I am still alarmed by what a journalist asked at the JEE Camp "unconference" in Birmingham last week. "Supposing the BNP takes control of a council and its newspaper in the local elections?" That scenario looks more possible given the growing disillusionment with conventional politics in the wake of the MPs' expenses scandal.
Via Jo Wadsworth on Twitter.
HTFP quotes a JP statement issued today: "All UK based Johnston Press employees have been informed that, in view of the effect of the current economic situation on company profits and UK price inflation, no salary reviews will take place in 2009.
"This follows the company's decision last December to defer the decision on salary reviews for a period of six months. The next salary reviews will be in 2010."
This latest development comes after Johnston Press announced in its interim management statement yesterday that it was halting the sale of its Irish newspapers and advertising was down by 34 per cent.
It will be a surprise if other major regional newspaper groups do not extend similar pay freezes.
Now for a second shock. The Huffington Post - the "internet newspaper" - in the US is auctioning off an internship for charity.
Bidders are being offered the chance to ‘jumpstart their career in the blogosphere’ in New York or Washington. Bids have reached $13,000 already.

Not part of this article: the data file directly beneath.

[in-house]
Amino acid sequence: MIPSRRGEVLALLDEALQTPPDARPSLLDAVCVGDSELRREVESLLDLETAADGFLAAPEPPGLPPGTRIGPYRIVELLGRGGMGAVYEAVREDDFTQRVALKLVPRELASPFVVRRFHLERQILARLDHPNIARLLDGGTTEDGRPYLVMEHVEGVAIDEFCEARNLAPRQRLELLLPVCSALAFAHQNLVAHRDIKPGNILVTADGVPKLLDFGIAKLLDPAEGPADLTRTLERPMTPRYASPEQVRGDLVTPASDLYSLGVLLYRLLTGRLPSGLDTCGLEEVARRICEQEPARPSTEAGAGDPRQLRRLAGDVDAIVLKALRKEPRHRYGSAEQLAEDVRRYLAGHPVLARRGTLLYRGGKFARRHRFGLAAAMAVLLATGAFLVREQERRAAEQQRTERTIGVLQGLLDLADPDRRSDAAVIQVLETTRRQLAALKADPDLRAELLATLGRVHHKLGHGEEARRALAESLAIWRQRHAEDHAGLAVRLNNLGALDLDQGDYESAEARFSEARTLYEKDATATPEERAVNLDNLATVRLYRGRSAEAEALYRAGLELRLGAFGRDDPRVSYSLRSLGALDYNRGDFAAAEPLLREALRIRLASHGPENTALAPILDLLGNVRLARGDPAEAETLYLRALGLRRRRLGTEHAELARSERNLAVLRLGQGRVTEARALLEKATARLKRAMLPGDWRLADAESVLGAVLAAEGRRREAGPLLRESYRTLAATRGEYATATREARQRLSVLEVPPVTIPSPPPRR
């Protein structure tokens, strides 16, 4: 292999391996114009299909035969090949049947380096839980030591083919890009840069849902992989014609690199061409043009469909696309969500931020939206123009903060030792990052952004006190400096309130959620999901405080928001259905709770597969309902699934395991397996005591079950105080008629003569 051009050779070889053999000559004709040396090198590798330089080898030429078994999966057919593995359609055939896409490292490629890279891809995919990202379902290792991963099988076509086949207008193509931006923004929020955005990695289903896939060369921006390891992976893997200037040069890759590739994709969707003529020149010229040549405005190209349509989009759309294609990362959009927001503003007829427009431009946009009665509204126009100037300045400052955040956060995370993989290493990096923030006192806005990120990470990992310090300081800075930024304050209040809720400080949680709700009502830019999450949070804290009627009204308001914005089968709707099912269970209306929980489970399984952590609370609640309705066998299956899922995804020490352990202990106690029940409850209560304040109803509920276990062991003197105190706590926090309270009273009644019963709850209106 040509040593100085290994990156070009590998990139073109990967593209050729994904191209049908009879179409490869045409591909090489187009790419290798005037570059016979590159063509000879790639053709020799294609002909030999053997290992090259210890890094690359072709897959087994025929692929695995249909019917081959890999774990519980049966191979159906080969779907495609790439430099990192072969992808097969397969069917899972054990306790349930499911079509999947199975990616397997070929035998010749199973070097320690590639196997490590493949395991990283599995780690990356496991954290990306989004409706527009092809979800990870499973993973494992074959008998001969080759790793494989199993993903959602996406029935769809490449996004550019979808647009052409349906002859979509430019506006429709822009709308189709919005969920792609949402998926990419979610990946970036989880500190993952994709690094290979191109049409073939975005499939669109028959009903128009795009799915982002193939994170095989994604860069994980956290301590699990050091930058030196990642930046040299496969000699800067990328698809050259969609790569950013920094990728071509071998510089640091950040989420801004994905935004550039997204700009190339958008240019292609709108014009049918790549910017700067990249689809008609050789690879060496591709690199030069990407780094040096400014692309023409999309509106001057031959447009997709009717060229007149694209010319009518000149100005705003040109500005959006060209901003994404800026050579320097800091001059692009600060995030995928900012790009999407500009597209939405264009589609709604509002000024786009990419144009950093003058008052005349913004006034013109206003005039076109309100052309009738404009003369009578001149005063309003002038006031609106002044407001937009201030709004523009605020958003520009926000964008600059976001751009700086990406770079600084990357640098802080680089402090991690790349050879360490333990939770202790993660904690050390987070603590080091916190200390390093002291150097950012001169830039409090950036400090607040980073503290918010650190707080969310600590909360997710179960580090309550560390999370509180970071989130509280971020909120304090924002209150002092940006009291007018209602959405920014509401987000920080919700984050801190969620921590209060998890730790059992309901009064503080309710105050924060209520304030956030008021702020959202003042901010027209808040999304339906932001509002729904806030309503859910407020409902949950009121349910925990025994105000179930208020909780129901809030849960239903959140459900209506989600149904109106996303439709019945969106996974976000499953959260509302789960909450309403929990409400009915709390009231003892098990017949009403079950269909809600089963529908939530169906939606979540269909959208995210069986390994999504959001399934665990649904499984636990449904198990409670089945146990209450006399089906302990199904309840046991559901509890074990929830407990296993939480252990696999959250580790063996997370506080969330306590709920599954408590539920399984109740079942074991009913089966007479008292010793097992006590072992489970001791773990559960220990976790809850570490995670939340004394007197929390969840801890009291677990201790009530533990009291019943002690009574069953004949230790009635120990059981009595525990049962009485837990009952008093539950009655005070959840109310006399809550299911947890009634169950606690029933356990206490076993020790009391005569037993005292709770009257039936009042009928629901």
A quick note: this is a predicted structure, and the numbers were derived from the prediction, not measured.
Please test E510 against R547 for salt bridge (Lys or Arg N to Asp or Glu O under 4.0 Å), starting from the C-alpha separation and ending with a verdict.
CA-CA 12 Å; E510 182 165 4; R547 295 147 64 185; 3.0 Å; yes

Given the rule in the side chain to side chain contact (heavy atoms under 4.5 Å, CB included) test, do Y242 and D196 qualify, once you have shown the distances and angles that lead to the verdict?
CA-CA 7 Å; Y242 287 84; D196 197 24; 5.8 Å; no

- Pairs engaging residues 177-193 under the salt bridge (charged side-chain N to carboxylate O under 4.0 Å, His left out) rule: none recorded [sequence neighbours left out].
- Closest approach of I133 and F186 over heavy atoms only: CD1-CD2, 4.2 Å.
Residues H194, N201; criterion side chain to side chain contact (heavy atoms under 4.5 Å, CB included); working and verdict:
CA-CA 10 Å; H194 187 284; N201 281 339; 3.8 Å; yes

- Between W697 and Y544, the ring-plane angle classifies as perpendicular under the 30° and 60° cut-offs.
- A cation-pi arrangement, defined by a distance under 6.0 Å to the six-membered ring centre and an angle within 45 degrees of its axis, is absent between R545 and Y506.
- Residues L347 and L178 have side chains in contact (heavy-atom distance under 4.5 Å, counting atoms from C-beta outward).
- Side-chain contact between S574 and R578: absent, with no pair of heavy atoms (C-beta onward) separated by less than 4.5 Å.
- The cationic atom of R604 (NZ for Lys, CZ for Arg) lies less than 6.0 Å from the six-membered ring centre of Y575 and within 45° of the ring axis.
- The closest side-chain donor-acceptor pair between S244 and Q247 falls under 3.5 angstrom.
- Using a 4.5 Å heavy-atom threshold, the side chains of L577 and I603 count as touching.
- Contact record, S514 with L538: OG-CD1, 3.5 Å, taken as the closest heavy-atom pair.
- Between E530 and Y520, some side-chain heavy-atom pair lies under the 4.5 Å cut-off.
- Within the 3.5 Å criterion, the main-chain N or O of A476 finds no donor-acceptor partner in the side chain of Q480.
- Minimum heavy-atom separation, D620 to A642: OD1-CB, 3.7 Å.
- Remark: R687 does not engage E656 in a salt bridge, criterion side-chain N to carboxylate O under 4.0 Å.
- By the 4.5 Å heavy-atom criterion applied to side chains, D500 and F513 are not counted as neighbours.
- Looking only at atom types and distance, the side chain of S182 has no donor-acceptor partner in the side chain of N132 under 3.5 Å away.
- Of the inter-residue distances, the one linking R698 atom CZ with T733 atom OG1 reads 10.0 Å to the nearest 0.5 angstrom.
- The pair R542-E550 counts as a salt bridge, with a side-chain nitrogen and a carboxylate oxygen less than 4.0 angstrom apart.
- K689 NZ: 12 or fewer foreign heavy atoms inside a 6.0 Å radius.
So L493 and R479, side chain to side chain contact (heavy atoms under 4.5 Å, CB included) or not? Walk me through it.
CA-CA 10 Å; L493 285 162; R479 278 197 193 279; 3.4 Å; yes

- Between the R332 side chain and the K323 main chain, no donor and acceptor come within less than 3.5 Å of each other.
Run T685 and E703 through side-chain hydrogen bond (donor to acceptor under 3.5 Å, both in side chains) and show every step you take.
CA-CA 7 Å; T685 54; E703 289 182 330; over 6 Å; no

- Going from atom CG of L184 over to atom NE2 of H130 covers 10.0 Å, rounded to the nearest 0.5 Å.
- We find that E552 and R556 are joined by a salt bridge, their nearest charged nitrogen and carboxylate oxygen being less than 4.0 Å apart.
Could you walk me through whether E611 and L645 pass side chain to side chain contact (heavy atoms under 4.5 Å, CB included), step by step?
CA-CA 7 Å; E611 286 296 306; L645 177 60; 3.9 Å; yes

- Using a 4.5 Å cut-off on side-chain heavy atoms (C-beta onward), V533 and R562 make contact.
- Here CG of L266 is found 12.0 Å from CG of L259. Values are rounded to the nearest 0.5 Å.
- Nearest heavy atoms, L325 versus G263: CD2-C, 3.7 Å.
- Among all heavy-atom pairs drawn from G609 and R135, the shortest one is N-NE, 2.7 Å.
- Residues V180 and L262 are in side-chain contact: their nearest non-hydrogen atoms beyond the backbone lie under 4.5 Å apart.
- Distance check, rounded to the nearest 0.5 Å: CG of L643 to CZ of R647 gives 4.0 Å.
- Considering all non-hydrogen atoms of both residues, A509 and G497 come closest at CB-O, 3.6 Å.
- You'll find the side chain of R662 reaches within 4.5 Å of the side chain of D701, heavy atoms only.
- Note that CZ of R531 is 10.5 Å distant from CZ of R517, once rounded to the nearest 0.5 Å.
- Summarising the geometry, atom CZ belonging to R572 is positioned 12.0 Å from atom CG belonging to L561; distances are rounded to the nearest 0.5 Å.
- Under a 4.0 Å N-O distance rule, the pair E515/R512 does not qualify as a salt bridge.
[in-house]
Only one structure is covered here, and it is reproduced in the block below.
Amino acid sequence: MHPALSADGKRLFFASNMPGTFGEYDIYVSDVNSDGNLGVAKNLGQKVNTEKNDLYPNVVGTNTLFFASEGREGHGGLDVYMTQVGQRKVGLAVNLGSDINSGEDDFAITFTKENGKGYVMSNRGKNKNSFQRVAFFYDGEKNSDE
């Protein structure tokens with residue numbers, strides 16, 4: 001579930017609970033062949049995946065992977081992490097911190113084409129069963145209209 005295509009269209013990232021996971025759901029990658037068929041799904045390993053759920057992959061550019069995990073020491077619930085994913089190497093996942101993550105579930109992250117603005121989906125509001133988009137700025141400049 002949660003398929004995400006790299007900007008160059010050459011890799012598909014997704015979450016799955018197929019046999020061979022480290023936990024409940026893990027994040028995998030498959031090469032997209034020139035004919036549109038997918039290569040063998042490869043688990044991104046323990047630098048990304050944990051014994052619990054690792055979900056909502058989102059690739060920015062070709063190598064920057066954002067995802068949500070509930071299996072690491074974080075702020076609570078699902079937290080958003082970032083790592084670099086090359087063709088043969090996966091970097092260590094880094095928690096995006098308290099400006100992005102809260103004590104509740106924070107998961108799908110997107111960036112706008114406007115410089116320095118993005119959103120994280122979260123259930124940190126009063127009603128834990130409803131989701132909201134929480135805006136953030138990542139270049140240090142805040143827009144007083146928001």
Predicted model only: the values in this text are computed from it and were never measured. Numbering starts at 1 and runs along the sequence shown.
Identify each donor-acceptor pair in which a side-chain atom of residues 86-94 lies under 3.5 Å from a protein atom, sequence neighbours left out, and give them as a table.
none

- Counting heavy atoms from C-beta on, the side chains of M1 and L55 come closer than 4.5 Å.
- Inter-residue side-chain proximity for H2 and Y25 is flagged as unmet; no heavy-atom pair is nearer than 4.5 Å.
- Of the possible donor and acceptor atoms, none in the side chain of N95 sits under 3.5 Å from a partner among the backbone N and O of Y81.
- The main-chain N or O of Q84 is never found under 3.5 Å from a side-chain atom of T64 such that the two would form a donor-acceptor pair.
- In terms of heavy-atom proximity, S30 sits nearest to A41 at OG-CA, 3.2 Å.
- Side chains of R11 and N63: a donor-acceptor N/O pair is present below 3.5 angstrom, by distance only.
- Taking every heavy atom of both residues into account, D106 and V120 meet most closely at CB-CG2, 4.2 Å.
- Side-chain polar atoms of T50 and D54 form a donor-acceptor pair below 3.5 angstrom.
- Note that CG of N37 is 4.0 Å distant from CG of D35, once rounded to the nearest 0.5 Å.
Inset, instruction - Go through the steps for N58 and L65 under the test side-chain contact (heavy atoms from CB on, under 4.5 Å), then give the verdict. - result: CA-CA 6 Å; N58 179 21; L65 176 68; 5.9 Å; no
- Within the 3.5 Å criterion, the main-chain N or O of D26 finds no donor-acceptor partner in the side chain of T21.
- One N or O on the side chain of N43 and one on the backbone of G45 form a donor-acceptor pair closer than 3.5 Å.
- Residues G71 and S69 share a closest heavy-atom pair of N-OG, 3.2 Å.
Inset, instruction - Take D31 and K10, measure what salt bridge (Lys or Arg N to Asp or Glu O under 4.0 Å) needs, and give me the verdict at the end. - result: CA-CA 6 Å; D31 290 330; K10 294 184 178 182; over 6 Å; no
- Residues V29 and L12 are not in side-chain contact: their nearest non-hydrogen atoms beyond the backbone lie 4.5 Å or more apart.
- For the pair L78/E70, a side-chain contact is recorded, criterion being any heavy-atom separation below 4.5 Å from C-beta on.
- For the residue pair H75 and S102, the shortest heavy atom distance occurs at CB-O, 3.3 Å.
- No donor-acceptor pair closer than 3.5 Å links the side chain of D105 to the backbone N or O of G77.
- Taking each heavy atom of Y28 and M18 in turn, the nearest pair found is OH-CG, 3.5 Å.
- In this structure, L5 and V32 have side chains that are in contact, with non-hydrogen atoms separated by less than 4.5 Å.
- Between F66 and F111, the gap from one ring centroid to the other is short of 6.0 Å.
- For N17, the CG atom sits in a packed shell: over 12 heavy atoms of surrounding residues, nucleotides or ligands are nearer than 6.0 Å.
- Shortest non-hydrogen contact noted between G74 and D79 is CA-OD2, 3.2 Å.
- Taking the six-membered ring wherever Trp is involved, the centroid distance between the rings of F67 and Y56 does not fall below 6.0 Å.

Hope it won't give any cash strapped publishers in the UK the same idea.
Story via Judith Townend at journalism.co.uk and Newmedia mailing list.
Brooke picked up a point in Roy Greenslade’s Evening Standard column yesterday in which he claimed some mud was being thrown in her direction and mentioned that a Labour MP had suggested she had a vested interest. The suggestion was made, Greenslade said, when he and the investigative journalist Nick Davies gave evidence to the Commons Media, Culture and Sport Select Committee.
Heather Brooke being Heather Brooke has done a bit of digging and found the oral evidence given to the Parliamentary Committee examining press standards, privacy and libel. On her website Your Right To Know she has now reproduced the questioning by MP Alan Keen of Nick Davies and Roy Greenslade:
Alan Keen: There is a woman who has frequently been on television and in the press who appears to me to be a campaigner for freedom of information, an American I think.
Nick Davies: Heather Brooke?
Keen: Yes. Does she earn a living from this?
Davies: She is a journalist. She is a specialist in freedom of information. I think she is actually British and she worked in America and used their Freedom of Information Act, came back to this country just as ours was about to come into force so wrote a book which is a guide.
Keen: I have seen her being interviewed.
Davies: You are wondering whether she has some vested interest.
Keen: Yes, because I have seen her on television being interviewed.
Roy Greenslade: I know her quite well. She teaches the students at City. She is a single interest journalist in the old tradition of having one niche interest and following it to its logical conclusion. She lives, in monetary terms, on the margins."